We've all heard stories about someone who happens to find a letter or an important document hidden behind a picture in a frame or in their attic that was signed by some well know historical figure like Thomas Jefferson, Abraham Lincoln, King George III, or Napoleon Bonaparte.
Such documents have high historical value and autograph collectors will pay dearly for them.
Autographs, like certain antiques, are very collectible because many collectors relish the idea of having a famous person's signature, whether on a document, a book, a photograph, a baseball, a ticket stub, or just on a plain sheet of paper.
Many of us will stand in long lines, sometimes for hours, just to get an author to put his signature on a copy of his latest book or to get a celebrity to sign a copy of his photograph.
Yet, some celebrities don't do autograph signings. This may be by design because they know that the rarer the signature, the more it may be worth in the future.
You can never know for certain whose signature is going to be "the one to have." In any case, most of our signatures are not worth collecting.
But professional autograph collectors have a sense of knowing whose signature is going to have future value and they don't just collect autographs for themselves, they collect them for their children and their grandchildren.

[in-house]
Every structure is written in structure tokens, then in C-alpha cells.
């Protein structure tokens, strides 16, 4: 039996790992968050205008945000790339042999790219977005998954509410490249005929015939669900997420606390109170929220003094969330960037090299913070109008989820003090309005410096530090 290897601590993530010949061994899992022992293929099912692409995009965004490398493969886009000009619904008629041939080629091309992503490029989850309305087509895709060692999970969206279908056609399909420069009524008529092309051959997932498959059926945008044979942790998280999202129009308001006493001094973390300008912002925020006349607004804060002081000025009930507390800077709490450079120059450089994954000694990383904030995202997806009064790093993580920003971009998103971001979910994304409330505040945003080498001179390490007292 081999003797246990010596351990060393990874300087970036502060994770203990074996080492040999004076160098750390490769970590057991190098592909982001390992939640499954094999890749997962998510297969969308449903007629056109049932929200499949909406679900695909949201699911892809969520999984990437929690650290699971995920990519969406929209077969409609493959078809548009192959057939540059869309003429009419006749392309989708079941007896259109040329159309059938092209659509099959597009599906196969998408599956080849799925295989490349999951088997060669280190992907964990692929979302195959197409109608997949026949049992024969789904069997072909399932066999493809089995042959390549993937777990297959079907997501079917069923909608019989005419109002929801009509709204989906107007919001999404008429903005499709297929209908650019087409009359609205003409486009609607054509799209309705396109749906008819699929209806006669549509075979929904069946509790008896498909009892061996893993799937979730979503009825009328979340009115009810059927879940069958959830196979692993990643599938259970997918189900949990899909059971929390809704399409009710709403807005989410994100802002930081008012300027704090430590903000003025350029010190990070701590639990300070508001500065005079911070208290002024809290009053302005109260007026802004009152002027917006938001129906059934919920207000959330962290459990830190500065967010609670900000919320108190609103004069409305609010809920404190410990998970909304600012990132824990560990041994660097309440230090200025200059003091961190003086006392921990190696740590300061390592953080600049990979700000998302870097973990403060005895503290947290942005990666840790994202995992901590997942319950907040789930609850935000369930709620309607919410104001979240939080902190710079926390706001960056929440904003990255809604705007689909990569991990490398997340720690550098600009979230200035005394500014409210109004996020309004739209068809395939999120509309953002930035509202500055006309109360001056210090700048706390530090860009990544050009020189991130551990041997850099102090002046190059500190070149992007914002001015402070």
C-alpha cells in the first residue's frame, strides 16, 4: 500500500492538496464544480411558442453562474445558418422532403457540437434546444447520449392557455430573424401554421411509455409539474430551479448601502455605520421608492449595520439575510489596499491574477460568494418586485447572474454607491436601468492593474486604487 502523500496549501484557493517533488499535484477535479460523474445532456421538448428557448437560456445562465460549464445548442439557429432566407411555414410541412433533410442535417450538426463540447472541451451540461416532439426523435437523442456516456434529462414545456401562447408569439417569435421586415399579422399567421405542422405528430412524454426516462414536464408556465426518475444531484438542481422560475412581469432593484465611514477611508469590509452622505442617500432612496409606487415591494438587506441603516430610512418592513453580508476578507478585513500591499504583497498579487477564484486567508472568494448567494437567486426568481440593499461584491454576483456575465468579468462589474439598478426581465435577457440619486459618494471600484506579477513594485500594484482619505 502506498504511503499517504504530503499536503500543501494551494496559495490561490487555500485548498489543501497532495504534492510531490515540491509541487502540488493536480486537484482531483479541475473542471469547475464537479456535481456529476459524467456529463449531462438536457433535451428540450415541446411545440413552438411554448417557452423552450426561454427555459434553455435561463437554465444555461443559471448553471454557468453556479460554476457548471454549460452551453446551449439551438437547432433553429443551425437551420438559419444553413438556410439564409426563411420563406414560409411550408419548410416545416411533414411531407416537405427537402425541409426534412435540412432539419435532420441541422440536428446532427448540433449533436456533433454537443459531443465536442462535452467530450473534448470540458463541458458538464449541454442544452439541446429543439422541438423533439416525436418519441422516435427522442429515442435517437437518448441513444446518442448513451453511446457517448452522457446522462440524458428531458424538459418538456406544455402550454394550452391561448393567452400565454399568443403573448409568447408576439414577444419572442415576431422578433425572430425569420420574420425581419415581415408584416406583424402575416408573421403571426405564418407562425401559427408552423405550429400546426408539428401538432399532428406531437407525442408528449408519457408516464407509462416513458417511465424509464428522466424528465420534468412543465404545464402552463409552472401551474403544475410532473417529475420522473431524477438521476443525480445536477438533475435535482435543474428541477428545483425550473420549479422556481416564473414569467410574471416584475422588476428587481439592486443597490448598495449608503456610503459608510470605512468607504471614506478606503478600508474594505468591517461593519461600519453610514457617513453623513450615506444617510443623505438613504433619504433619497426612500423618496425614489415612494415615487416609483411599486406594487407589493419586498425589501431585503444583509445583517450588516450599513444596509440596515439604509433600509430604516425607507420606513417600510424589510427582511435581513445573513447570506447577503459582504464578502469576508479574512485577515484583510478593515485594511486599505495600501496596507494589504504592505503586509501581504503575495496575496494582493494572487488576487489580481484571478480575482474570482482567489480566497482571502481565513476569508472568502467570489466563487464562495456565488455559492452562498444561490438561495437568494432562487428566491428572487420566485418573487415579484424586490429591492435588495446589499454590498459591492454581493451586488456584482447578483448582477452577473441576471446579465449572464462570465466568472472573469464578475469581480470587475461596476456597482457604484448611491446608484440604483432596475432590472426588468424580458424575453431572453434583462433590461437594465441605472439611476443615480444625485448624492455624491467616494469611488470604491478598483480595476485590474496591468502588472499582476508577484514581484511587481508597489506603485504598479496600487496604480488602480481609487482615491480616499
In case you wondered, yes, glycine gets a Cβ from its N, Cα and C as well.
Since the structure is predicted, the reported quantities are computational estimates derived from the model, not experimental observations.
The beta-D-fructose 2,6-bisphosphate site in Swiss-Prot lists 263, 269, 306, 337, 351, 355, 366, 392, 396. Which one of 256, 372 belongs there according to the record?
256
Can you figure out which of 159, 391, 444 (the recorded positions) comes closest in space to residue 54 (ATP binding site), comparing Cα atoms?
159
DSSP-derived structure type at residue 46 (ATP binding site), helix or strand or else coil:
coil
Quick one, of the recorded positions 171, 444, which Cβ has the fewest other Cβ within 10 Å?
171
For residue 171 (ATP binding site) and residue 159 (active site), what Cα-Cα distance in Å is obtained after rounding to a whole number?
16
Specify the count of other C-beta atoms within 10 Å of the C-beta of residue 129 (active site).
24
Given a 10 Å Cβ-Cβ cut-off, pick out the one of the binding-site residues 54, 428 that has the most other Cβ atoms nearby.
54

An autograph today may not have any value at all, but one hundred years from now, it may be worth a fortune.
Professional autograph collectors know how to make themselves appear in the presence of the person whose signature they want and they know how to get it.
But in most cases, it comes down to just being in the right place at the right time or having personal or professional contact with the person whose signature may have future value.
Signatures are like any other collectibles. Their value comes from who the signer is or was, what role he played in history, how many of his or her signatures are out there, and who wants it.
Can you imagine having a letter or document signed by Albert Einstein, Sir Winston Churchill, Martin Luther King, Jr., or Benjamin Franklin.
When they were young, no one would have ever guessed that they would become as famous as they are. Just imagine how many letters and documents with their signatures on them were thrown away.
And at this very moment, you may know someone who has political ambitions, someone who writes poetry or likes to paint, someone who is a math nerd in your high school or college, or maybe a friend who has the skills and the desire to play a professional sport.
Their autographs may become "must have" collectibles in the future and their signatures may be worth a lot, historically and monetarily, and you may already have it.
There is a definite market for collectible autographs and signatures but like all other memorabilia, they need to be verifiable.
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